Postoperative Hip Dislocation
The incidence of hip dislocation in total hip replacements ranges from 1% to 15% according to various publications. Different factors can cause prosthetic hip dislocation, such as poor orientation of the components, insufficient neo-capsule, conflict between the bony structures, soft tissue tension, generalised muscle weakness with gluteal insufficiency, etc. A bad choice of implant, patient age or medial fractures are usually the most likely triggering factors. Hip arthroplasty is mainly performed due to the presence of coxarthrosis or hip fractures. Two
thirds of dislocations are successfully resolved noninvasively, the rest require surgical revision. Factors such as gender (female/male ratio 2:1), age, the older the patient, the greater the risk, even patient cooperation is of paramount importance. Classified according to the time that has elapsed after surgery, dislocations can be early, less than 1 month, medium-term, between 1 month
and 1 year, or late, 1 year after the procedure.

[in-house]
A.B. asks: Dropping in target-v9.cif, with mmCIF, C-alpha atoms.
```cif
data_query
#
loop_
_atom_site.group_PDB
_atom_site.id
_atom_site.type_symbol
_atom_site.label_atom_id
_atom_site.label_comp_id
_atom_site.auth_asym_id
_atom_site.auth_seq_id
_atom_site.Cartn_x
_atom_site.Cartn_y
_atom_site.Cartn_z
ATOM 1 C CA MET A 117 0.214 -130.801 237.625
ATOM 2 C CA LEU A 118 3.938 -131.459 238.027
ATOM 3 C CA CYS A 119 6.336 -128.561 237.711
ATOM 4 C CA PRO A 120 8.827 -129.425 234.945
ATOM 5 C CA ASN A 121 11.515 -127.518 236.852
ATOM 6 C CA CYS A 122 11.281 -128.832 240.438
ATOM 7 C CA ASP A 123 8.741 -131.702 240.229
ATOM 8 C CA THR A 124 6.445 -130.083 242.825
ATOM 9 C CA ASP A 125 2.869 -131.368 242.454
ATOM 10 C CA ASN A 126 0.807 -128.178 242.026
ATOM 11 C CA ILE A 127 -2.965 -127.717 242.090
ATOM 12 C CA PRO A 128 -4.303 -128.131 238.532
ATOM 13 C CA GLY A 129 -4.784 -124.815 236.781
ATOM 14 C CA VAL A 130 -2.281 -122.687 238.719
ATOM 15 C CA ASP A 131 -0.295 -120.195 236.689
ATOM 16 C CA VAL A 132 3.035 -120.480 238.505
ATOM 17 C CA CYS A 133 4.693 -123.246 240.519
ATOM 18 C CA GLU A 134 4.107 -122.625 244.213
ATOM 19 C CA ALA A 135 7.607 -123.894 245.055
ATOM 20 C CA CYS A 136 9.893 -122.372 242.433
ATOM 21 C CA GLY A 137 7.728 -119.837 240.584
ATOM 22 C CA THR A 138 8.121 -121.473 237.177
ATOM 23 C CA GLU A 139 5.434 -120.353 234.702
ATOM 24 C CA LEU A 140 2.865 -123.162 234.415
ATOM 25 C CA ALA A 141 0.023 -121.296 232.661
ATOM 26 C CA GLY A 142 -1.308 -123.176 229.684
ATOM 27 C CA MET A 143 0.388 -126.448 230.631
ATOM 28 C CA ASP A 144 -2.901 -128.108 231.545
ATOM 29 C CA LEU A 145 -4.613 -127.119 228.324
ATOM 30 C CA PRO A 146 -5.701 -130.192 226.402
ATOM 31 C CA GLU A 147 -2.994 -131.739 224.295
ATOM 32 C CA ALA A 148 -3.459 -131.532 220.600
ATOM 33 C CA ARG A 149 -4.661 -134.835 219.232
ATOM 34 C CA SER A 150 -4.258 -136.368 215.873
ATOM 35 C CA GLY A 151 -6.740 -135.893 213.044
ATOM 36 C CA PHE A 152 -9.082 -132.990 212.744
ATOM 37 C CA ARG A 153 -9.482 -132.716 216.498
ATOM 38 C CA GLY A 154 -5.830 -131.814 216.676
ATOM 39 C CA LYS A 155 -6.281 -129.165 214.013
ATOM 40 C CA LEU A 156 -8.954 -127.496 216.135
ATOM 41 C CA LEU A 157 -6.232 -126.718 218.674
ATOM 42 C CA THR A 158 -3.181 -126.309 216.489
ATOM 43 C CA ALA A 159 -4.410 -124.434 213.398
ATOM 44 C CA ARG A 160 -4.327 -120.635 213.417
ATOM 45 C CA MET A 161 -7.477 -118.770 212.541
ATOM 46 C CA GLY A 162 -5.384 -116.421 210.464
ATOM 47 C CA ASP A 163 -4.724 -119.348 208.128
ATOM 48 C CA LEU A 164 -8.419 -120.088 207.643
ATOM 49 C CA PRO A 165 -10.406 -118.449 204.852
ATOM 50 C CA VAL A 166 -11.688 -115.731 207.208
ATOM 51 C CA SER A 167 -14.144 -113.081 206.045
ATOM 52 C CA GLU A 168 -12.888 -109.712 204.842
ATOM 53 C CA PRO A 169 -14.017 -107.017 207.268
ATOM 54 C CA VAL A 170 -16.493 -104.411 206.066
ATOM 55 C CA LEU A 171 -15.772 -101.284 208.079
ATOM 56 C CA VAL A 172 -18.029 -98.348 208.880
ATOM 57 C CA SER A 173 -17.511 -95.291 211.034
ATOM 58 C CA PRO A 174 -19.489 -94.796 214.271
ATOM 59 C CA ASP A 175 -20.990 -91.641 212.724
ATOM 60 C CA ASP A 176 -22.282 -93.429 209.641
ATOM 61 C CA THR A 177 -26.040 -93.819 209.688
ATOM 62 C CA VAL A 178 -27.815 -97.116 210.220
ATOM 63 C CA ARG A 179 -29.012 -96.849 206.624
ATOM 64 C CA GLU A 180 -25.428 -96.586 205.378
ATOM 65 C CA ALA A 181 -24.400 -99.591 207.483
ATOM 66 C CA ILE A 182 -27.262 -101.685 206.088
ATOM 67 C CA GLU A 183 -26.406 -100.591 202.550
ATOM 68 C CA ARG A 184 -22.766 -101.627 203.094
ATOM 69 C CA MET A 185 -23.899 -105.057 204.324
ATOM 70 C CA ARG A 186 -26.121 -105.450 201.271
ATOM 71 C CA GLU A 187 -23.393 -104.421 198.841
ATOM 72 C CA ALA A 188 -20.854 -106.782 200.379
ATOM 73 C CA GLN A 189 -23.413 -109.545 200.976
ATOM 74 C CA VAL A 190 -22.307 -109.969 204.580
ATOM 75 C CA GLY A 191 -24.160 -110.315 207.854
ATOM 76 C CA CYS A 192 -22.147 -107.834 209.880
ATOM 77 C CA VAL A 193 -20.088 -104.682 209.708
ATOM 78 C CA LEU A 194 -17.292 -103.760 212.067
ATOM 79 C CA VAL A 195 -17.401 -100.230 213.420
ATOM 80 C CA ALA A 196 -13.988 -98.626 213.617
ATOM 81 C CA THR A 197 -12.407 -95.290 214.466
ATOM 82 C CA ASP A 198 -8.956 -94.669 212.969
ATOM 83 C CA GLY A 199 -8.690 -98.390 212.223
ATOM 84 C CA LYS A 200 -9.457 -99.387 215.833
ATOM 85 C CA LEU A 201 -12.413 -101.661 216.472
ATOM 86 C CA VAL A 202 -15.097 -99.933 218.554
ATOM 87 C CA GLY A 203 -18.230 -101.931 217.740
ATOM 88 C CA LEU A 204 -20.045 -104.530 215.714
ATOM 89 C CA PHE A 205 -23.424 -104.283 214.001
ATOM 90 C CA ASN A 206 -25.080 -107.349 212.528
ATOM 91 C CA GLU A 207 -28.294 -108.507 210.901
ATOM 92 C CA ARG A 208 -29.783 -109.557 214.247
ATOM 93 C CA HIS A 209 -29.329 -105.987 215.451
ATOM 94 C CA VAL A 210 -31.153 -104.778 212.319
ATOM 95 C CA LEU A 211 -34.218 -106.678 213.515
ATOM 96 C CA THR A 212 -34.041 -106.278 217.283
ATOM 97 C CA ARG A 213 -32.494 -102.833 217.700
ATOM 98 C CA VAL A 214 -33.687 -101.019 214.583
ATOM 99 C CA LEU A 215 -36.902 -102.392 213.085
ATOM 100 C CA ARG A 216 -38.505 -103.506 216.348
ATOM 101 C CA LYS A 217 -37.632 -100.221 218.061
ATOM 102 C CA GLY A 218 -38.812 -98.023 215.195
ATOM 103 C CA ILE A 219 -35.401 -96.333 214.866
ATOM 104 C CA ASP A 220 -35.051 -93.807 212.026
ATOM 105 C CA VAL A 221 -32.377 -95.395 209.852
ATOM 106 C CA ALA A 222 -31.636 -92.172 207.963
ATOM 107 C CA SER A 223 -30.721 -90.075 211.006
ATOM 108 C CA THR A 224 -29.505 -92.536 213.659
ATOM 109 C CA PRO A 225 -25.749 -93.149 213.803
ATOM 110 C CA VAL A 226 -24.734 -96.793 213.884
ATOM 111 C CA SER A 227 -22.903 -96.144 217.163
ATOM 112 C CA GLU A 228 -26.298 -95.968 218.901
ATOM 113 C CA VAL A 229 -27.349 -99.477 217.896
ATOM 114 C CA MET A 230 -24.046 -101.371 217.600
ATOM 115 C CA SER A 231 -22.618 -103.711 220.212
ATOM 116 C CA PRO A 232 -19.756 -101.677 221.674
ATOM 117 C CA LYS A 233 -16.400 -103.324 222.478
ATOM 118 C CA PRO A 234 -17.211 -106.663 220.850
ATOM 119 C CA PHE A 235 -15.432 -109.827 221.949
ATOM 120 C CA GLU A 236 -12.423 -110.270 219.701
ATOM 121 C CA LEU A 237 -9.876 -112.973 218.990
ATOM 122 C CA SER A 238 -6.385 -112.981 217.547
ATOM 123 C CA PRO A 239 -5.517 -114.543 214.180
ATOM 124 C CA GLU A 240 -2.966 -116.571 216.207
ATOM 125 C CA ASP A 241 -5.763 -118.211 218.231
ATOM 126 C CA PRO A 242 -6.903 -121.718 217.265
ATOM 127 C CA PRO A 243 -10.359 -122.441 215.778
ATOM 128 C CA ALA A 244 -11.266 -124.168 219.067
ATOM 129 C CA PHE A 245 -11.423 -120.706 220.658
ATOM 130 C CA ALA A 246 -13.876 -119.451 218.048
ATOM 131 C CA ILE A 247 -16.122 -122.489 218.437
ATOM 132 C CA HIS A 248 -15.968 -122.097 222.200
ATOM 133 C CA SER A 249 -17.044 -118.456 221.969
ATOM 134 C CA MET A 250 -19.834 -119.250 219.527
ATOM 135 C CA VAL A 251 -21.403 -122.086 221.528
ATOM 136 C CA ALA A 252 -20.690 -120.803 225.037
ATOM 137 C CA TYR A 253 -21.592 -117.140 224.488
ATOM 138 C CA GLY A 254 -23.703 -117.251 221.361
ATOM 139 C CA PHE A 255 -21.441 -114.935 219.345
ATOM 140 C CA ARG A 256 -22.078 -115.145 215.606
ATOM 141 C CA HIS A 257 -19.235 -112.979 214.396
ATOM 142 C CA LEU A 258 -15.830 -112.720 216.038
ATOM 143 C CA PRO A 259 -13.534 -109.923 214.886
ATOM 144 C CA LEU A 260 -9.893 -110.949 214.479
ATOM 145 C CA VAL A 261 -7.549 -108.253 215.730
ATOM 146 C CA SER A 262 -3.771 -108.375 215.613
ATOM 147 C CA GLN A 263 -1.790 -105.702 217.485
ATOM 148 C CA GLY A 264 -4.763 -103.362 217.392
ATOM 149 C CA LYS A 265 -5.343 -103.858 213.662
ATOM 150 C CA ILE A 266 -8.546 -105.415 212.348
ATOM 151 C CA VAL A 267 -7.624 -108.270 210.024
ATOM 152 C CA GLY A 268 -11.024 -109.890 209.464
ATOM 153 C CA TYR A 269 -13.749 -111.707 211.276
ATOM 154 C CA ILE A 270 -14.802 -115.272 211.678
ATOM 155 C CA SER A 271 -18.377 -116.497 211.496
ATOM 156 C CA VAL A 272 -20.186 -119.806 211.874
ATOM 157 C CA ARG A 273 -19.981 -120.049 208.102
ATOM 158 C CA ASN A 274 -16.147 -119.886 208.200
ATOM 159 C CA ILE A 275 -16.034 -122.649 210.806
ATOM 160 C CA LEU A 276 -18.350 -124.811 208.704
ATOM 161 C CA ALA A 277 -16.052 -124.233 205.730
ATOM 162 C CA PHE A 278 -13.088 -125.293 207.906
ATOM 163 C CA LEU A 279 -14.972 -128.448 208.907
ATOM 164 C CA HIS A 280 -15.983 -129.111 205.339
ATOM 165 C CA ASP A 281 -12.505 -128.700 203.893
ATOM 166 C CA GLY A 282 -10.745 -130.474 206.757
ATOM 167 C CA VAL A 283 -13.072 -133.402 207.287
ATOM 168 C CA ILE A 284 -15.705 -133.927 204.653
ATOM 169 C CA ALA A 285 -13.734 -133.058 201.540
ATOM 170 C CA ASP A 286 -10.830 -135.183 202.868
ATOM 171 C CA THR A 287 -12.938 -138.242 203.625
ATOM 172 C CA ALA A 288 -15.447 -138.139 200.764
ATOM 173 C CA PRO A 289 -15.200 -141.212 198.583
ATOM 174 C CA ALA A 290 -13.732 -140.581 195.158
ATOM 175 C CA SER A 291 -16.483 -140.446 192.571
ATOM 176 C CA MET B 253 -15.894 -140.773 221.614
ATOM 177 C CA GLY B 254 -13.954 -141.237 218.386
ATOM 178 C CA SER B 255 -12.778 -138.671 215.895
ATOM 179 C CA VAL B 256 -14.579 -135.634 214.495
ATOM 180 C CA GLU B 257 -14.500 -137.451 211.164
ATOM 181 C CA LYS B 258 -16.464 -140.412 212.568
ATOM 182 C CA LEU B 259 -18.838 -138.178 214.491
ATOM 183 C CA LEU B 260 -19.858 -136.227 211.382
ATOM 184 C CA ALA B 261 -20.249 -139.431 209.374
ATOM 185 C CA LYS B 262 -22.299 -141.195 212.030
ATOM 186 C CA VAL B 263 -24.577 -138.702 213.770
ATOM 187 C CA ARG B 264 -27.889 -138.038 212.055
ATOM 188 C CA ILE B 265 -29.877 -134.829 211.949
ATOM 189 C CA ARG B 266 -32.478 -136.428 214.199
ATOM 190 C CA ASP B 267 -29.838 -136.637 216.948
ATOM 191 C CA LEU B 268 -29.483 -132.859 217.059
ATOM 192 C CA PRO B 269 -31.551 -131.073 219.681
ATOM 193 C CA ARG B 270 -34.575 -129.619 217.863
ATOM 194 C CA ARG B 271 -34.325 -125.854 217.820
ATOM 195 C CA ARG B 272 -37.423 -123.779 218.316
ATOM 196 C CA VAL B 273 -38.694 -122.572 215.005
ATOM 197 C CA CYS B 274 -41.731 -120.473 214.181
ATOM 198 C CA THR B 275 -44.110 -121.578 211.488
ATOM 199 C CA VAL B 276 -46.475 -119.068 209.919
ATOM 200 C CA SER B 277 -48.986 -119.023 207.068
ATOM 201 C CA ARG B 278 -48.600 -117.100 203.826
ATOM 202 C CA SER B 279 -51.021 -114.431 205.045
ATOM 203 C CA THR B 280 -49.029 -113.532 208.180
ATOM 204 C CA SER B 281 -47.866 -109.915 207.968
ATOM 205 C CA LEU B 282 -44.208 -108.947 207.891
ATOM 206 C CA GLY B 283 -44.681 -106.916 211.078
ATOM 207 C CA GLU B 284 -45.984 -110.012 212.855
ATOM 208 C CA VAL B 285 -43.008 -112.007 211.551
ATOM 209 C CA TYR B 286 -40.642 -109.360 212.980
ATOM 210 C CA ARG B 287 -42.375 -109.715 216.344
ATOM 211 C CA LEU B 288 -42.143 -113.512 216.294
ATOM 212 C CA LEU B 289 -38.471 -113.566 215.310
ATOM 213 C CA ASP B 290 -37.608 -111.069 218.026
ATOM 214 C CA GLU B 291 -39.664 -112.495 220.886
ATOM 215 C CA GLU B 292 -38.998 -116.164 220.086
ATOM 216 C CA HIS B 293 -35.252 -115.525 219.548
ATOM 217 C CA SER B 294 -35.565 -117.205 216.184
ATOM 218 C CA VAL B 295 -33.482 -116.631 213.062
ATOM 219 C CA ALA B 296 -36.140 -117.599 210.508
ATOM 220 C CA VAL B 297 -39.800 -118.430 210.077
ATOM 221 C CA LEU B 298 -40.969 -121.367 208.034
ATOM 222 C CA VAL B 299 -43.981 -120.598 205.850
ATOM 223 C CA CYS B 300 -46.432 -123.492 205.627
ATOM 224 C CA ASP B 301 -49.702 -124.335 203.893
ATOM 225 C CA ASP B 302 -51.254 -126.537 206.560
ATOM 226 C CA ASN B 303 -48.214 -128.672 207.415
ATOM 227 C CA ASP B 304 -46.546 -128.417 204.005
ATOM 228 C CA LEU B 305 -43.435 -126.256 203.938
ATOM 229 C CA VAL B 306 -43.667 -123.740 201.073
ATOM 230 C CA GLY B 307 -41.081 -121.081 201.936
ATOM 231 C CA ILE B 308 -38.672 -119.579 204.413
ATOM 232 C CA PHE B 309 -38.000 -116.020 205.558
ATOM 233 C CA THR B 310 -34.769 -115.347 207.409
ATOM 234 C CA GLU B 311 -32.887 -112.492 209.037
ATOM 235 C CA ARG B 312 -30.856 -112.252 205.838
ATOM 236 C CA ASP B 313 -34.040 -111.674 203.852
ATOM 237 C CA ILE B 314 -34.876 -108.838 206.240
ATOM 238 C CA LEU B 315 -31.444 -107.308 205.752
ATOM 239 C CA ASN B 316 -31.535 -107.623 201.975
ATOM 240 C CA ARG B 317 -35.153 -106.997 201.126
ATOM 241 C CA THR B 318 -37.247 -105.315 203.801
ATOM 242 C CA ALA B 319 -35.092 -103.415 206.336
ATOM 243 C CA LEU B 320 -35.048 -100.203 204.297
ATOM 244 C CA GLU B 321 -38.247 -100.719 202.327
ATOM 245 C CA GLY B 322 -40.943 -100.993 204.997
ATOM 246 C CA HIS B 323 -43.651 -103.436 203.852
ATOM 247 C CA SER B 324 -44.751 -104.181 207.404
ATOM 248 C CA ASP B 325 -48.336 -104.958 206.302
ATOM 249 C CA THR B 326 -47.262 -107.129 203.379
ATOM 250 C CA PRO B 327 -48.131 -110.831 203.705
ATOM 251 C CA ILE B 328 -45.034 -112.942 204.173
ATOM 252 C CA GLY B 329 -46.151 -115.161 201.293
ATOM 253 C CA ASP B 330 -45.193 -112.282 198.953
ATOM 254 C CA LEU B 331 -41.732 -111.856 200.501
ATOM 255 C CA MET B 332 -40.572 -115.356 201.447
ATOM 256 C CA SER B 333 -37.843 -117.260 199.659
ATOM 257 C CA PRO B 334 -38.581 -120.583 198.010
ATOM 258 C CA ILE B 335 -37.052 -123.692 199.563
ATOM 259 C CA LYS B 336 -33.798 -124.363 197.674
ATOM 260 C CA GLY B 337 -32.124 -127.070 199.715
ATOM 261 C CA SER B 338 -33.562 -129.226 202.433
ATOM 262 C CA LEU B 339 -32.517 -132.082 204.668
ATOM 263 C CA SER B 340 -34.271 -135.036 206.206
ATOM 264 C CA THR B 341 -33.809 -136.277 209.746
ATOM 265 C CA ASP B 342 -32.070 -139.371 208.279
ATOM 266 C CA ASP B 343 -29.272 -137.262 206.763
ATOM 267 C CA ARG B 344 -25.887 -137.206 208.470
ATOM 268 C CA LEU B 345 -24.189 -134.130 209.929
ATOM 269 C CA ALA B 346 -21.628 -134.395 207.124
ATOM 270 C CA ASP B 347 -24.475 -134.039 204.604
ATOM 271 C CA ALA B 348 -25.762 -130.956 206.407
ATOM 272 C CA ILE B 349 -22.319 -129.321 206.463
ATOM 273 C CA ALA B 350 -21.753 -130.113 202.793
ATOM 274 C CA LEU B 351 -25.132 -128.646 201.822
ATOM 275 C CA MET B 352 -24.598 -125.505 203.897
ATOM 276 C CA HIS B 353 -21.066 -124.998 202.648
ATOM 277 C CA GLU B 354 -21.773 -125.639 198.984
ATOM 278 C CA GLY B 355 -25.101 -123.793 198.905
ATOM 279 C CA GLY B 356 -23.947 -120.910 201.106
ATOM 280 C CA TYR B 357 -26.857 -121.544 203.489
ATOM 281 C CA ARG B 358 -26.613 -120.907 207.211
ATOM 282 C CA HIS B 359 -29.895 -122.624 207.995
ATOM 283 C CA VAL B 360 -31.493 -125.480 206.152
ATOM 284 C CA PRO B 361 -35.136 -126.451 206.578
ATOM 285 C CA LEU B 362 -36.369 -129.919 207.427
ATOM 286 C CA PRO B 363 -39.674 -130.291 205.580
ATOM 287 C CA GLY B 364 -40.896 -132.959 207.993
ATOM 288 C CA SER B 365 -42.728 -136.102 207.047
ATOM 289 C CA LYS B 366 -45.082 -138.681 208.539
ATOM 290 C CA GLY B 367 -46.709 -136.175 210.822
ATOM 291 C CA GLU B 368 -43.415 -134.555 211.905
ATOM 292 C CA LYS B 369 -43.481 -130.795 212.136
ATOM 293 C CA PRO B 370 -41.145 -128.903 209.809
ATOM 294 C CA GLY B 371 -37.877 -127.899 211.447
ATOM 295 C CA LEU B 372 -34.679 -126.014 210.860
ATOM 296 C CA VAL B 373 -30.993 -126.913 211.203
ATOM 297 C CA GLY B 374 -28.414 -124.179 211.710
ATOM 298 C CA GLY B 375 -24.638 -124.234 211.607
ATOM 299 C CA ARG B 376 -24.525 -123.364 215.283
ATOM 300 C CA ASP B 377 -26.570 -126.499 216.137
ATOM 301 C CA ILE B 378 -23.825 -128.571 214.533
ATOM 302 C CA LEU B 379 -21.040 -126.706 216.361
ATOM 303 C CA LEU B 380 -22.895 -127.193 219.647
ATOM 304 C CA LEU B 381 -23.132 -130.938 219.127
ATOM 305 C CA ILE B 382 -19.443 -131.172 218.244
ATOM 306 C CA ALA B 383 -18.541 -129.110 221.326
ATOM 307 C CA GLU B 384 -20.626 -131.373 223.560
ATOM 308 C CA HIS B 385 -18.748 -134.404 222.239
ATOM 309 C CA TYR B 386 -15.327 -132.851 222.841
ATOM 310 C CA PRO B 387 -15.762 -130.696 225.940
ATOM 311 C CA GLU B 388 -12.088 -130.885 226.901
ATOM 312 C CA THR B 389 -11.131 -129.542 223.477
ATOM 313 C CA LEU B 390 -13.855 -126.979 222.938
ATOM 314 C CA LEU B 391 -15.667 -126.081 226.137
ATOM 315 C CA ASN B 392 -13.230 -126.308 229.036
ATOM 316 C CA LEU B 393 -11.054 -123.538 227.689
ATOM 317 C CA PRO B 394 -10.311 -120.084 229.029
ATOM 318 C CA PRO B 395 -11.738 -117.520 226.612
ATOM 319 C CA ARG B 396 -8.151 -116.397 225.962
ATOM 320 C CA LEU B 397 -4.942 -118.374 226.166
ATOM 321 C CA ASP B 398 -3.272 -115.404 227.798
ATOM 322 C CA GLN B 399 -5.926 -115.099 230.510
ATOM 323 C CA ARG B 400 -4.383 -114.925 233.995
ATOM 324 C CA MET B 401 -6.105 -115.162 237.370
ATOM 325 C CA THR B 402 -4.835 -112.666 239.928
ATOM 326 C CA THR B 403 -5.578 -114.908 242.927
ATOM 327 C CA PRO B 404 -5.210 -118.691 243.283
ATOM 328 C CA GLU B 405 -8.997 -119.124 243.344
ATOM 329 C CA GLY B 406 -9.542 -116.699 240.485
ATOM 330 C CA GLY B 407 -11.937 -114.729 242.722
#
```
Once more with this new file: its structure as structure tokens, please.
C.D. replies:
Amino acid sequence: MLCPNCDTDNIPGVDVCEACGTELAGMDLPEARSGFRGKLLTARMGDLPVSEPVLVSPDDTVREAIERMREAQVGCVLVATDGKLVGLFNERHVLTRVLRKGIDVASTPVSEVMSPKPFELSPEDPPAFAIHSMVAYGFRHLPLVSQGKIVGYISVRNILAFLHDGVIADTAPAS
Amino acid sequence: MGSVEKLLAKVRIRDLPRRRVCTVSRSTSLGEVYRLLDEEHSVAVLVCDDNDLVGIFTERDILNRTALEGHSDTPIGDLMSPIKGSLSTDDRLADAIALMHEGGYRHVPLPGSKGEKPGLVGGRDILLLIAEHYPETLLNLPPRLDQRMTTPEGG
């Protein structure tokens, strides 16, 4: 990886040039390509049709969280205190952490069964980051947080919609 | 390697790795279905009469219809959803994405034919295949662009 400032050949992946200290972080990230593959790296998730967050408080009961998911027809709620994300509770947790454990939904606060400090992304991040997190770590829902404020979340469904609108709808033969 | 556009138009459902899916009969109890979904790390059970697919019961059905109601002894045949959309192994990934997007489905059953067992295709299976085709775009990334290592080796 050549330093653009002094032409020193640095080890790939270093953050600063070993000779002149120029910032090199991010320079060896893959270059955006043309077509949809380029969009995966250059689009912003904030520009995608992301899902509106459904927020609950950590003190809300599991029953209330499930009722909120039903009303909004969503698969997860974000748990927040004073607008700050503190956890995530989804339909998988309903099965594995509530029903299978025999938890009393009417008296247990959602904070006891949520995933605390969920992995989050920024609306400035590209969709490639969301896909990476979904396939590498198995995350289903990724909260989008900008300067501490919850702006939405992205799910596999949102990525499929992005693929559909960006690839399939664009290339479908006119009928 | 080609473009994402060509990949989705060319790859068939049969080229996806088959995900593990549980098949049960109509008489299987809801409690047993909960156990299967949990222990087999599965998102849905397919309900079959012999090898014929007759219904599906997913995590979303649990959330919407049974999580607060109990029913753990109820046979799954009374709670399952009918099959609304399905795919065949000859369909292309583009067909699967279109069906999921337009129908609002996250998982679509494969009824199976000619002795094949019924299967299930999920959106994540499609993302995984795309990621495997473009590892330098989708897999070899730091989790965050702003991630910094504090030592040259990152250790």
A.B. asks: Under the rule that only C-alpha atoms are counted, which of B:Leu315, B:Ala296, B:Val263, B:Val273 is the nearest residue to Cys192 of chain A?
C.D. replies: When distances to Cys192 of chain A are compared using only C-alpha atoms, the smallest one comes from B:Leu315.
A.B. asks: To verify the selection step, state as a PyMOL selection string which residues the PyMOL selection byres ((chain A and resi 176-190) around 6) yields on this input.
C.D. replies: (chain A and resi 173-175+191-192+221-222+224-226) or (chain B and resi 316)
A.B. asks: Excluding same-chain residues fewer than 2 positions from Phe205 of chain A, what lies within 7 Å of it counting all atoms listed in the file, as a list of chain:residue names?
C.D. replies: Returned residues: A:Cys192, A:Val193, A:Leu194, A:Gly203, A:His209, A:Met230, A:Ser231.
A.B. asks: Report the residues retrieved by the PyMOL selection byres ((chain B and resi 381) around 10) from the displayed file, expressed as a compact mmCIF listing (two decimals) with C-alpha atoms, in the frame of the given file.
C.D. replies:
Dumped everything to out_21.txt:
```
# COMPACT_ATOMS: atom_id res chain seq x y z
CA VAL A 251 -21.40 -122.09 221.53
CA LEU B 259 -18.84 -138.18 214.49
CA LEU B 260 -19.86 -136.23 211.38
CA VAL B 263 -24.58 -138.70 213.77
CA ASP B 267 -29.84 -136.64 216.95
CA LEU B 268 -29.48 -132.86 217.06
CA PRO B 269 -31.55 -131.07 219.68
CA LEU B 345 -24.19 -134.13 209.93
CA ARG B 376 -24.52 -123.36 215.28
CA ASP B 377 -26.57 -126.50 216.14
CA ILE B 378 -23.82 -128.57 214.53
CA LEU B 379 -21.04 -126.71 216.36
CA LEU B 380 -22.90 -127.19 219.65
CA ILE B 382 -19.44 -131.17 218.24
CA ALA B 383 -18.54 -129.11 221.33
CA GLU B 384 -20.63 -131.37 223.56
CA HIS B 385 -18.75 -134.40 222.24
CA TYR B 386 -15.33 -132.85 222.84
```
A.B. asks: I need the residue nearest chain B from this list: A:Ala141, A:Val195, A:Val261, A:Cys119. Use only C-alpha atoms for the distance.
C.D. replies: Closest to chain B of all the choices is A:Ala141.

The prosthetic femoral head is positioned outside the acetabulum or prosthetic cotyloid cavity and displaces proximally, causing considerable asymmetry of the lower limb. Pain and claudication during walking. Instability and functional disability.
Some guidelines or recommendations in post-surgery can help to prevent hip dislocation to some extent, such as patients avoiding
crossing their legs, not rotating the operated leg, limiting flexion of the hip, spreading the load, etc. In the event that the dislocation
is present as a post-surgical complication, it will require an orthotic system for the multi-positional control of the hip joint. Anti-luxation
hip orthoses, featuring a pelvic basket joined to a thigh support by means of a flexion and abduction-adduction control joint enables
the hip joint to be kept in a certain position, allowing the patient to stand and walk, and undergo rehabilitation, which is essential
for full repair. Anti-luxation hip orthoses are suitable as a preventive measure in cases where certain post-operative instability is evident
during the rehabilitation period.
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